To ensure consumer interests are once again included in the state’s energy plans, Assemblymember Didi Barrett (D-Mid Hudson) announced the Assembly passed a bill she authored to amend the state energy law by including a person from the Utility Intervention Unit, part of the Consumer Protection Division within the Department of State, to serve on the state Energy Planning Board (A.10579).
The State Energy Planning Board is responsible for creating plans to meet future energy demands, while balancing all major aspects involved, including: economic development, climate change, environmental quality, health, safety and welfare of the public, transportation and consumer energy cost objectives. Currently, the board consists of members from a variety of state agencies representing all related interests, as well as one representative appointed by each the speaker of the Assembly, the president of the Senate and the governor. Unfortunately, an advocate for the consumer is lacking, Assemblymember Barrett noted.
“It goes without saying that our families need a voice in the state’s energy planning – they’re directly impacted,” said Assemblymember Barrett. “Restoring the Utility Intervention Unit’s representative on the planning board would ensure the interests of Mid-Hudson families are included in Energy Planning Board matters. It makes a big difference to have them included since they would be there on behalf of the consumer’s best interest.”
In 1994, the Consumer Protection Board had 31 staffers dedicated to utility intervention. There were also independent advocates like the Citizens’ Utility Board and the Public Utility Law Project. Since that time, however, while the industry has been deregulated creating a complicated and confusing marketplace, those important groups have been dissolved and de-funded, leaving the average citizen without a voice, Assemblymember Barrett said.
Today, the Utility Intervention Unit actively participates in initiatives concerning the availability, pricing and quality of electricity and natural gas service in the state.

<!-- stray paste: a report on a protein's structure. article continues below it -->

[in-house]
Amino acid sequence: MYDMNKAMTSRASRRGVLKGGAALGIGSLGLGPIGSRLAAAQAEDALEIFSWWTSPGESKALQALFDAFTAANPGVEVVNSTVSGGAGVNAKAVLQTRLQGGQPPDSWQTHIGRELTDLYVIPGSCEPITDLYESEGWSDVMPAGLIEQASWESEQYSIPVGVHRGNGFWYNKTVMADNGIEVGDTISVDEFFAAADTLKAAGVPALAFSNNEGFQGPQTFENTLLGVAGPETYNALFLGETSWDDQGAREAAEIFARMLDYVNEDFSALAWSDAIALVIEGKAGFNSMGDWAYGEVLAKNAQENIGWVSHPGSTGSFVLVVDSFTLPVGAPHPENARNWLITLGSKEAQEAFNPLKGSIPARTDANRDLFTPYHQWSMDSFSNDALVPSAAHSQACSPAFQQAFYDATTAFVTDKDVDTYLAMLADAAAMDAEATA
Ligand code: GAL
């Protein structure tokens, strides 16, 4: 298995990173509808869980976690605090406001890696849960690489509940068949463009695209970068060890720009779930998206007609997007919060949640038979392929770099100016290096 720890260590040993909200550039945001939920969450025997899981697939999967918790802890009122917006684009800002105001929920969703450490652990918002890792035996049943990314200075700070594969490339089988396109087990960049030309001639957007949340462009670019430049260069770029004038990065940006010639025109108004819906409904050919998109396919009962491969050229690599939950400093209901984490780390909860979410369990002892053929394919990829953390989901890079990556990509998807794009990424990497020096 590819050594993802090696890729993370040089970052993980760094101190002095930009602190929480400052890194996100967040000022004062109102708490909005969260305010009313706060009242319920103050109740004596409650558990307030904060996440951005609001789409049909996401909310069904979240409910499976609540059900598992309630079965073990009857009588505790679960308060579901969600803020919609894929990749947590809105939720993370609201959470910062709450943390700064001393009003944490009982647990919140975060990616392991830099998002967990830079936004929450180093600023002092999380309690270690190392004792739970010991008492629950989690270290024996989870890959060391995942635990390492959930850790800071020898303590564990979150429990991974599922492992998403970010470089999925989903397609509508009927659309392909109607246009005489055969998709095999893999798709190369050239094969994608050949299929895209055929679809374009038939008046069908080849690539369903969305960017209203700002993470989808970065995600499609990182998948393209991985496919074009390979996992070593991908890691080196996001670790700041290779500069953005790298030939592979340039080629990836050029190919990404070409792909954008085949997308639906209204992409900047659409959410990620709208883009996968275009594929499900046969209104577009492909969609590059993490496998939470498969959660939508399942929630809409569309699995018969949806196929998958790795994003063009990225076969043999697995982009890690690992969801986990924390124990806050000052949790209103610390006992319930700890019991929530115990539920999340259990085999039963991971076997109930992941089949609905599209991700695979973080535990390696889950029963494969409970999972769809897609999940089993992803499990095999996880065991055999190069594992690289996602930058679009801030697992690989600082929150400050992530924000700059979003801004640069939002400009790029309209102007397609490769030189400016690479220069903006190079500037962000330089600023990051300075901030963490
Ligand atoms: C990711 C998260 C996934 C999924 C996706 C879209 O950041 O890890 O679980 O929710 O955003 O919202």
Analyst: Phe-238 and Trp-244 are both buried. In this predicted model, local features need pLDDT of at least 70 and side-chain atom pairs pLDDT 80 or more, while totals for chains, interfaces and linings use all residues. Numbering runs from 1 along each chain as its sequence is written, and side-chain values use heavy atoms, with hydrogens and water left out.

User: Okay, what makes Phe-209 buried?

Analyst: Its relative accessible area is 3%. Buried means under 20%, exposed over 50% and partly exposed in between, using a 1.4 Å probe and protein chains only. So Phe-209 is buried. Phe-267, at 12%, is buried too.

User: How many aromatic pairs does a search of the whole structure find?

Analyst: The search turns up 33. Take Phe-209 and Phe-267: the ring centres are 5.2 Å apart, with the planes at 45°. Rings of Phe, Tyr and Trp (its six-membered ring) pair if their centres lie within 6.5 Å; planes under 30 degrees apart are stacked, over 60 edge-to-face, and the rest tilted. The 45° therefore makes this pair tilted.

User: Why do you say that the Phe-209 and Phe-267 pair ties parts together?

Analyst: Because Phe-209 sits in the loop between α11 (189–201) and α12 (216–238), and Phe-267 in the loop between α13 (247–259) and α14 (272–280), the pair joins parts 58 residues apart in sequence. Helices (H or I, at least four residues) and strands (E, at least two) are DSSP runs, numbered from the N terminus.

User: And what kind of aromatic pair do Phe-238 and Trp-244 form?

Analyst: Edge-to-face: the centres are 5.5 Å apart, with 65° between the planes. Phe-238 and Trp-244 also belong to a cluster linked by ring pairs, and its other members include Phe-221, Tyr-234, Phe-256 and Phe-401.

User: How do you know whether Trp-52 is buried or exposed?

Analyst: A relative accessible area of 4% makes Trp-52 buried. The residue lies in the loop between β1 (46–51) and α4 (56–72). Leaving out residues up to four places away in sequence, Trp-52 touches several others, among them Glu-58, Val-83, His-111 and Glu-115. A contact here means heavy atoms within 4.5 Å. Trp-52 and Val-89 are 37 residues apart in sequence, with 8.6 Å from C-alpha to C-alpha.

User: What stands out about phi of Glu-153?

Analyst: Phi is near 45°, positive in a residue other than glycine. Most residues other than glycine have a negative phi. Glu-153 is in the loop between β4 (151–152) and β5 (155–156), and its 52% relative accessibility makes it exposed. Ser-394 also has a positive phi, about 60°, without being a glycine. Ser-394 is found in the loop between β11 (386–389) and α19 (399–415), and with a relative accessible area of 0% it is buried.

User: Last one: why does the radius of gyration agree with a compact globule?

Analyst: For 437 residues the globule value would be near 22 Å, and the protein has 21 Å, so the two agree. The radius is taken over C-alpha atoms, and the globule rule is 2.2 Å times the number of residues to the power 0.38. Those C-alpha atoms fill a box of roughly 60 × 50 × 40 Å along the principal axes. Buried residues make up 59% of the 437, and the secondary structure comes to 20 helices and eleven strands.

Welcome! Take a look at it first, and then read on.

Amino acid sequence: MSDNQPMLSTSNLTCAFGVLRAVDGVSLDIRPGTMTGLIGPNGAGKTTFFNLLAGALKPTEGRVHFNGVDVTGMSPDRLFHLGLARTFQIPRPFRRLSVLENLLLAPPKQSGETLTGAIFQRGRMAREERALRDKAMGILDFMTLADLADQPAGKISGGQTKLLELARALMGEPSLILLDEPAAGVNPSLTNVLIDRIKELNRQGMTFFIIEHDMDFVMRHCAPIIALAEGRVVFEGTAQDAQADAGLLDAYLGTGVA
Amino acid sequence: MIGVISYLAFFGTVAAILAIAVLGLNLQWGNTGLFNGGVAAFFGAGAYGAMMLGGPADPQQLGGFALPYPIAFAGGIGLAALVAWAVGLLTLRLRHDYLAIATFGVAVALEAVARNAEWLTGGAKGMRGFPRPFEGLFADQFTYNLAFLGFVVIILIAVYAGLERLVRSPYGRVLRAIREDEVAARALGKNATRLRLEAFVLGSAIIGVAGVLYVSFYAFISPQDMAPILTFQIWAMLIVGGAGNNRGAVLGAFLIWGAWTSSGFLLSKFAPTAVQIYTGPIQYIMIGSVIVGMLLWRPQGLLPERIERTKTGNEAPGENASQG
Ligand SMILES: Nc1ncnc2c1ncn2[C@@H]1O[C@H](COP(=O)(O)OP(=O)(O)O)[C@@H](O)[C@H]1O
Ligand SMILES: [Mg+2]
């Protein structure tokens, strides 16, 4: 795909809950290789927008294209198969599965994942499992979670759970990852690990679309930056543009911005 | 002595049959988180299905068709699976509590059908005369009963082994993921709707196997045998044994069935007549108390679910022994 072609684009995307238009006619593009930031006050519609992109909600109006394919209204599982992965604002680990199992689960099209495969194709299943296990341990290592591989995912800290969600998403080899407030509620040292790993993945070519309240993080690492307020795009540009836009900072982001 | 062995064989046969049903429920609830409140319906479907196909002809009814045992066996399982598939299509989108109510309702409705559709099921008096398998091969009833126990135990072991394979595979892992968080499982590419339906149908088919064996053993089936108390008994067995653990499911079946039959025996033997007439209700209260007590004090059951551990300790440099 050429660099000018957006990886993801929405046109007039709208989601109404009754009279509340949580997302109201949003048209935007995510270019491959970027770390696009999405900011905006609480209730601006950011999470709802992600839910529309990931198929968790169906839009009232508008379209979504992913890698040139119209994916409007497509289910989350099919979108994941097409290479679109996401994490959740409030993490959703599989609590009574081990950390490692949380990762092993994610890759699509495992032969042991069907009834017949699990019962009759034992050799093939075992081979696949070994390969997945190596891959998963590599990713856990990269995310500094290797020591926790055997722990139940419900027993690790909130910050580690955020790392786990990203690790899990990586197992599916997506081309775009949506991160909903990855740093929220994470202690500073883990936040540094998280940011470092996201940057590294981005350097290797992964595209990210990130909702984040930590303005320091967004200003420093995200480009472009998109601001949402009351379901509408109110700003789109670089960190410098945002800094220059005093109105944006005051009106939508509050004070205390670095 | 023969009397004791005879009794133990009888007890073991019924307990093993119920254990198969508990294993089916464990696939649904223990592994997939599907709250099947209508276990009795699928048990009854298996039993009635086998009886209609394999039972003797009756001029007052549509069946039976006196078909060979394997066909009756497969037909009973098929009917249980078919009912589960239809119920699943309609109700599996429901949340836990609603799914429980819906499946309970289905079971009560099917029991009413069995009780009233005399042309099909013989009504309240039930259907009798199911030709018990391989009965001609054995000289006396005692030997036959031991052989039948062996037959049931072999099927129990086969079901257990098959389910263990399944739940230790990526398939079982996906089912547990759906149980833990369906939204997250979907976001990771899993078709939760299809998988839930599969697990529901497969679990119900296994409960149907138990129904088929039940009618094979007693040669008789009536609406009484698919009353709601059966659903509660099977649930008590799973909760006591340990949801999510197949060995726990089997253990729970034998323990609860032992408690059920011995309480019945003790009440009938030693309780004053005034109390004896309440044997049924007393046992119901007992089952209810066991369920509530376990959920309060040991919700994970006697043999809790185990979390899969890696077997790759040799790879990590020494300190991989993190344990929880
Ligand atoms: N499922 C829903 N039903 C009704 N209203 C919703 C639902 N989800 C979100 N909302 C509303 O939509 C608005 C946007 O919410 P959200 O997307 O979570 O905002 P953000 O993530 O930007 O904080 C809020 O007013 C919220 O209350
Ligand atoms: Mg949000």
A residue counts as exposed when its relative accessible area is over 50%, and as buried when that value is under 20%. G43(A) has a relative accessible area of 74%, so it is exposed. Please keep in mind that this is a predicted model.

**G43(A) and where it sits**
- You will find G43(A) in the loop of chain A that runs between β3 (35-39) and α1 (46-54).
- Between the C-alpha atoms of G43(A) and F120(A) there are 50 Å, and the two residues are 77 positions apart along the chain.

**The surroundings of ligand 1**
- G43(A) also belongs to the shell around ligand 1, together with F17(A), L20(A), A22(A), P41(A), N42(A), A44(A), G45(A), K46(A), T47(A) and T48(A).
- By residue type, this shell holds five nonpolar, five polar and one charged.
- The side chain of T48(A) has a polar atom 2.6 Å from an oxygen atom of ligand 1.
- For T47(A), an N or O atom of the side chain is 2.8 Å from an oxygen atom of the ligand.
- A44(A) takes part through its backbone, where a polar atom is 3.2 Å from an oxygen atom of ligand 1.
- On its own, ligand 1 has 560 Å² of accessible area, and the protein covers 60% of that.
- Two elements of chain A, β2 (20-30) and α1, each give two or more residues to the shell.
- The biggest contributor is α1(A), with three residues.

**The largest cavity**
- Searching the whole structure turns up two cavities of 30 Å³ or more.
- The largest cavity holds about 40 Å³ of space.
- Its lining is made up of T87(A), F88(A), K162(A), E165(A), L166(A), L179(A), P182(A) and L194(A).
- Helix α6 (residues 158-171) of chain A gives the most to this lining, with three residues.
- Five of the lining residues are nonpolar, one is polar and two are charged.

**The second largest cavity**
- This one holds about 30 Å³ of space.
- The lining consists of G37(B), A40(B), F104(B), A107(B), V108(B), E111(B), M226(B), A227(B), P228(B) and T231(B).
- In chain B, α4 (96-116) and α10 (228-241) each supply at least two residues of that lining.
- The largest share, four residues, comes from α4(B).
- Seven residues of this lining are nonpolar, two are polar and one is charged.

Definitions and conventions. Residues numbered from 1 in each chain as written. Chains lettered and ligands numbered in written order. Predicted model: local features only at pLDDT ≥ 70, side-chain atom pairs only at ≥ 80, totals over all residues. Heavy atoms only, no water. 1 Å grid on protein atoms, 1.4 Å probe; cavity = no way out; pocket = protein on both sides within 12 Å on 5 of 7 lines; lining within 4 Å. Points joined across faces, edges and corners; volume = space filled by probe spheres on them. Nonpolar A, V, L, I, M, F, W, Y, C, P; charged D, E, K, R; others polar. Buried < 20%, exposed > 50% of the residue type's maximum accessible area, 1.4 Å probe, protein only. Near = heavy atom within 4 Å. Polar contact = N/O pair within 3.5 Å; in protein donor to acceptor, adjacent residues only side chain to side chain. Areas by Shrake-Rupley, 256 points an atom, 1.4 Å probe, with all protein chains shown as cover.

“New York’s once robust network of state-funded and independent advocacy groups has unfortunately become a thing of the past,” Assemblymember Barrett said. “But, by reinstating this seat on the Energy Planning Board, we are making sure to include an advocate for the people – and it couldn’t come at a better time.”
Recently, energy planning has become a critical issue in the Mid-Hudson Valley. In the Town of Ghent, New York State Electric and Gas, which supplies most of the power in northern and eastern Columbia County, is attempting to install an 11-mile high voltage overhead power line. The power line would stretch through dozens of residential properties, as well as several working farms, a nursery, land owned by the Columbia County Land Conservancy and Omi International Arts Center, which includes housing for visiting artists, a public exhibition space, and The Fields Sculpture Park.
On May 25, New York State Electric and Gas submitted an application for review with the Public Service Commission (PSC). As part of the PSC’s Article VII process, the Utility Intervention Unit from the Consumer Protection Division within the Department of State would become involved in the proceedings, ensuring that consumers have a voice and opinion in the Article VII proceedings with the PSC.
“Over time, we’ve seen the public’s voice on important community issues diminished," Assemblymember Barrett said. “I have met with many constituents who are directly affected by this proposed high voltage power line which was introduced without any community conversation. Some folks first learned of it only from their neighbors. We need to take the necessary steps to ensure that the voices of consumers in our community – and communities like ours across the state – are heard.”